Press Release

Press release: The EC-FP7 funded project Fate and effects of cytostatic pharmaceuticals in the environment and identification of biomarkers for an improved risk assessment on environmental exposure (CytoThreat - FP7-ENV-2010, No. 265264)

Submited by CytoThreat Consortium -


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"This project received funding from the European Community's Seventh Framework Programme (FP7/2007-2013) under grant agreement n. 265264"


Anticancer drugs in the aquatic environment: sources and effects

The development of pharmaceuticals together with the progress of modern medicine brought enormous benefits to humans in terms of healthier and longer lives. It is estimated that in Europe more than 3000 different pharmaceuticals are in use which represents consumption of around 100 000 tons per year. Part of these compounds is released to the aquatic environment predominantly through patients' excretion either in form of the parent drugs or as metabolites. The crucial question is what happens to pharmaceuticals after they have been used. Are they degraded in wastewater treatment plants? Do active forms reach rivers and drinking water? What are the concentrations and do they affect aquatic organisms or even human health? A group of pharmaceuticals which is of particular concern are anticancer drugs, also termed as cytostatics or antineoplastics, that are used for treatment of cancer. These drugs have been designed to kill cancer cells, for example by interfering with the genetic material and the processes governing their replication. However, these effects are not restricted to cancer cells because the organisation of genetic material as well as the mechanisms of cell replication remained through the evolution highly conserved and are thus similar in different organisms. Therefore, if present in the aquatic environment, the residues of these compounds can potentially harm aquatic organisms in particular during the expected chronic exposure.

The EC-FP7 funded project CytoThreat focuses on the evaluation of the environment and human health risks posed by cytostatic pharmaceuticals released into aquatic environment. The researchers make use of advanced both chemical and biological techniques to assess the presence and distribution of selected cytostatics and their degradation products in the ecosystem as well as their adverse effects as single compounds and in mixtures to aquatic organisms and to human cell lines. Based on consumption data and simple modelling they predicted cytostatics environmental concentrations and thus identified the compounds most likely to occur in the aquatic environment. For determination of these compounds in the water cycle the analytical groups participating in Cytothreat have developed different high sensitivity methodologies, and among them a fully automated method based on on-line solid-phase extraction-liquid chromatography-tandem mass spectrometry (SPE-LC-MS/MS. These methodologies are capable of detecting the targeted cytostatic pharmaceuticals, metabolites and transformation products at the very low concentrations at which they can be present (and eventually active) in the aquatic environment. These methods are currently being used to determine their occurrence, distribution and fate in wastewaters and surface waters and to see whether the predicted concentrations conform with the levels measured in real samples.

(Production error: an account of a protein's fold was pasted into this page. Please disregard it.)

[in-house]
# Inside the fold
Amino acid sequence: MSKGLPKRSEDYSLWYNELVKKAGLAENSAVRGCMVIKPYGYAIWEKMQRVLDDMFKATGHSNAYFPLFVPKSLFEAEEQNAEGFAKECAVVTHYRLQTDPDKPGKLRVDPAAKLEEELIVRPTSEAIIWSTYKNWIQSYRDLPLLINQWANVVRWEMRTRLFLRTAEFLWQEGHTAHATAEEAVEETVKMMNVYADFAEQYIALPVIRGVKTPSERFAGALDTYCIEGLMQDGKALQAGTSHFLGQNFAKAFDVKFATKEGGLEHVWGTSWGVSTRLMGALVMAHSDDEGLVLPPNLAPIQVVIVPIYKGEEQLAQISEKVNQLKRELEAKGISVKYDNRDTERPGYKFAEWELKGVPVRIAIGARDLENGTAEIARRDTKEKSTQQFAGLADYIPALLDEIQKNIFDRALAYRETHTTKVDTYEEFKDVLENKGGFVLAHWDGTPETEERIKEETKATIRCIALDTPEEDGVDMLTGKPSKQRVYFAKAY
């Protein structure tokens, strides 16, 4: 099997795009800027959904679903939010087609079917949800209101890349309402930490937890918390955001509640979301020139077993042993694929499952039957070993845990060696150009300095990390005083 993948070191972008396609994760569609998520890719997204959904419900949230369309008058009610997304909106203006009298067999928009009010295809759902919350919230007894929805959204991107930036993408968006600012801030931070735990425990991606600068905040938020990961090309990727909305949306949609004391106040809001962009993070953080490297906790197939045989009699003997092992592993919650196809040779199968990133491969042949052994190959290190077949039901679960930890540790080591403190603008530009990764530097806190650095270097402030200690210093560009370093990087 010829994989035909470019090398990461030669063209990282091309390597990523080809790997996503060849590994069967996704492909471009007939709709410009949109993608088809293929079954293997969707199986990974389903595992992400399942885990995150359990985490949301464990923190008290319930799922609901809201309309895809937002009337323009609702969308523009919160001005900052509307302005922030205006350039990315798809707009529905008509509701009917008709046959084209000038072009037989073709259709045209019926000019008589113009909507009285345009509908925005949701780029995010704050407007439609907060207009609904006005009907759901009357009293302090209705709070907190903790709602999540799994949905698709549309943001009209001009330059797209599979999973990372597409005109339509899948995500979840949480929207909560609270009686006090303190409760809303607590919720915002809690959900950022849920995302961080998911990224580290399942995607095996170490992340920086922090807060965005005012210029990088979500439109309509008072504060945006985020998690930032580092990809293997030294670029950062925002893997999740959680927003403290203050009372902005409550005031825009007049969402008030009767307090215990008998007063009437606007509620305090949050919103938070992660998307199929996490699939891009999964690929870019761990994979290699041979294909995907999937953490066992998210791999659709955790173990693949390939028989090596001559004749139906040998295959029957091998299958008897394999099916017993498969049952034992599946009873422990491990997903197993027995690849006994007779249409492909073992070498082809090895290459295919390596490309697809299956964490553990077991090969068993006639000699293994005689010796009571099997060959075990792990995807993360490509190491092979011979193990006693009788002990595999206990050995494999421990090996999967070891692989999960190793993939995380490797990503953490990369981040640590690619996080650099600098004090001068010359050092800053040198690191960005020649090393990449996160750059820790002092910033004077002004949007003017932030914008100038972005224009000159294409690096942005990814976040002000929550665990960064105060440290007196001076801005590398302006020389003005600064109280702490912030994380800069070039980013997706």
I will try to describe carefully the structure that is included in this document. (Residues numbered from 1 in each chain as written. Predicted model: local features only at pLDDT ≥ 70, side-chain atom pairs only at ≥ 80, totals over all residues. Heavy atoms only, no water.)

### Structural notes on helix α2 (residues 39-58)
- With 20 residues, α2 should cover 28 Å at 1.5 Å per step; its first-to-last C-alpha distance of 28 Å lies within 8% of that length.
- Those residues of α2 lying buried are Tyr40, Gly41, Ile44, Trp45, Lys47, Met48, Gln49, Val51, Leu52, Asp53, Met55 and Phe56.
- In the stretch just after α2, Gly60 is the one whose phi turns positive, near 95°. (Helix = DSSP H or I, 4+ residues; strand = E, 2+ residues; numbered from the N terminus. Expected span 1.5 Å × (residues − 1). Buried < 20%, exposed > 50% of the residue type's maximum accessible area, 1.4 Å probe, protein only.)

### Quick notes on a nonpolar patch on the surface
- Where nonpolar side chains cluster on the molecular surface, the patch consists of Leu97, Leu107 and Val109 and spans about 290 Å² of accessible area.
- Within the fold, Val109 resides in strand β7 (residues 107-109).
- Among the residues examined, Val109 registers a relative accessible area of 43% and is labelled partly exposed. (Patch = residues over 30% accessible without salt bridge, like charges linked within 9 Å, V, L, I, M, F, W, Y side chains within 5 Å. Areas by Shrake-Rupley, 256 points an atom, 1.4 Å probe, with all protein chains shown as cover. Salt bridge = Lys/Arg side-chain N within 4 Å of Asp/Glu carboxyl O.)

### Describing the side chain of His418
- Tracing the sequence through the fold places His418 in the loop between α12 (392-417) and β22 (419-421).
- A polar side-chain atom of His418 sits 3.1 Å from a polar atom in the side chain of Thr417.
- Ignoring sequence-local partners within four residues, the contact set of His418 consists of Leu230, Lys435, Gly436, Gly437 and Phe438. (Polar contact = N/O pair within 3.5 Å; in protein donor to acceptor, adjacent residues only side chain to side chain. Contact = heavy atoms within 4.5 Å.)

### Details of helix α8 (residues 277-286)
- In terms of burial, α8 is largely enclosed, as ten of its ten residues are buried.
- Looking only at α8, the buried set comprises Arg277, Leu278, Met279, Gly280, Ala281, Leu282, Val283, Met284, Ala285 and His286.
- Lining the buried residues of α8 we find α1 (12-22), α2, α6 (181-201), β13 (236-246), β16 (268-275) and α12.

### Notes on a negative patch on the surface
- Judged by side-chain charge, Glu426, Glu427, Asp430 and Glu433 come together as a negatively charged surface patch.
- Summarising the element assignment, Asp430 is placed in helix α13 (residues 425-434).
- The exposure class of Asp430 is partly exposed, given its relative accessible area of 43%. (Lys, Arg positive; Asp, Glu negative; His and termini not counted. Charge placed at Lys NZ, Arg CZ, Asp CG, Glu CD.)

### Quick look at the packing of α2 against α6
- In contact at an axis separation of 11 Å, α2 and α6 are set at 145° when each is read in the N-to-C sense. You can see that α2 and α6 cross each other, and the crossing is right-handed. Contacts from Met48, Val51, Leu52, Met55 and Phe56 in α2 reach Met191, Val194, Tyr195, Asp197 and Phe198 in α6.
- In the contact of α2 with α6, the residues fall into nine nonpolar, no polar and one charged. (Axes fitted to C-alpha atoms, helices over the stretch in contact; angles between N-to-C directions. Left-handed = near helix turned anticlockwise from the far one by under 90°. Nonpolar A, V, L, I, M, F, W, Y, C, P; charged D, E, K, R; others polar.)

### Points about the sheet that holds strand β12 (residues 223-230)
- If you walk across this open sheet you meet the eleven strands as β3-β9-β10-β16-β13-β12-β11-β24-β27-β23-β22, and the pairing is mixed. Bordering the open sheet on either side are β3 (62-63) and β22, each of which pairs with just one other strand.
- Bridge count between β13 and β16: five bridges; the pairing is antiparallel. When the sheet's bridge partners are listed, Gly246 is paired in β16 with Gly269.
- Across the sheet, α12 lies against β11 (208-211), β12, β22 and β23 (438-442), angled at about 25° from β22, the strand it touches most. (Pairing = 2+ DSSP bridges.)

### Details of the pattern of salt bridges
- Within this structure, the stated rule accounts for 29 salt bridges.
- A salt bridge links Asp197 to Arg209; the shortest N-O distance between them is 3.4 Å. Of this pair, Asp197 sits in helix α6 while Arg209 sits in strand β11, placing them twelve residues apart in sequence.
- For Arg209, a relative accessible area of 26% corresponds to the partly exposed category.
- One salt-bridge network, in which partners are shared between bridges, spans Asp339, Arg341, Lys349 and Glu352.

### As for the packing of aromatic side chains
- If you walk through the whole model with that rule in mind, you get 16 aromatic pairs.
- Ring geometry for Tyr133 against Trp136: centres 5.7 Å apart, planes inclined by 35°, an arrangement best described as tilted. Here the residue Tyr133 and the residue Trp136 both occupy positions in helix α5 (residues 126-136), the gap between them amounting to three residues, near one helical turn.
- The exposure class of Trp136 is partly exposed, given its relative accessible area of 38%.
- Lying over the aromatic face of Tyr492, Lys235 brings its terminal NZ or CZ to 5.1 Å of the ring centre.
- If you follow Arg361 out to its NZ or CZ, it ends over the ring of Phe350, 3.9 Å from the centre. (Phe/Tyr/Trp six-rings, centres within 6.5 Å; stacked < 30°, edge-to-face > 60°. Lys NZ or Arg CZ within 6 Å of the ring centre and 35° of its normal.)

In the course of the project four compounds belonging to different groups of cytostatics (the antimetabolite 5-fluorouracil; the metal based alkylating agent cisplatin, the topoisomerase inhibitor etoposide, and the tyrosin kinase inhibitor imatinib mesilate) were selected for comprehensive toxicological studies in aquatic organisms from various trophic levels, including algae, bacteria, crustaceans, mussels, higher plants and zebrafish (representing the vertebrates). The results indicated distinct differences in the sensitivity both, among the species and with respect to the tested cytostatic compounds. Of particular concern is chronic exposure as adverse effects of certain compounds were observed at concentrations which are close to those detected in waste waters. In addition, all four compounds caused in crustacea, mussel and higher plants DNA damage. It is known that the release of compounds which affect the integrity of genetic material can affect the fertility of wild species – and may lead to adverse effects in ecosystems. To explore which processes are affected during the chronic exposure the researches applied state-of the art toxicogenomic analysis. In zebrafish exposed to 5-fluorouracil through two generations changes in expression of different genes at very low exposure concentrations were observed and these data are now being used to try to identify early markers of the effects of chronic exposure. These parameters may be used for early prediction of delayed effects in further studies with other compounds, their metabolites, degradation products, and mixtures of them.

The project, which has been running for two and a half years now, is conducted by a highly inter-disciplinary group with partners form Slovenia, Spain, Italy, Austria, Hungary, Croatia and Serbia. By the end of the project in 2014 it is expected that the obtained results will fill important knowledge gaps regarding the adverse effects of cytostatics to aquatic organisms. In addition, the determination of the concentrations and of the distribution of these hazardous compounds in the aqueous environment may have important impact on water quality management programmes. Taken together, Cytothreat is expected to play a major role in safeguarding the public from toxic pharmaceuticals and their by-products.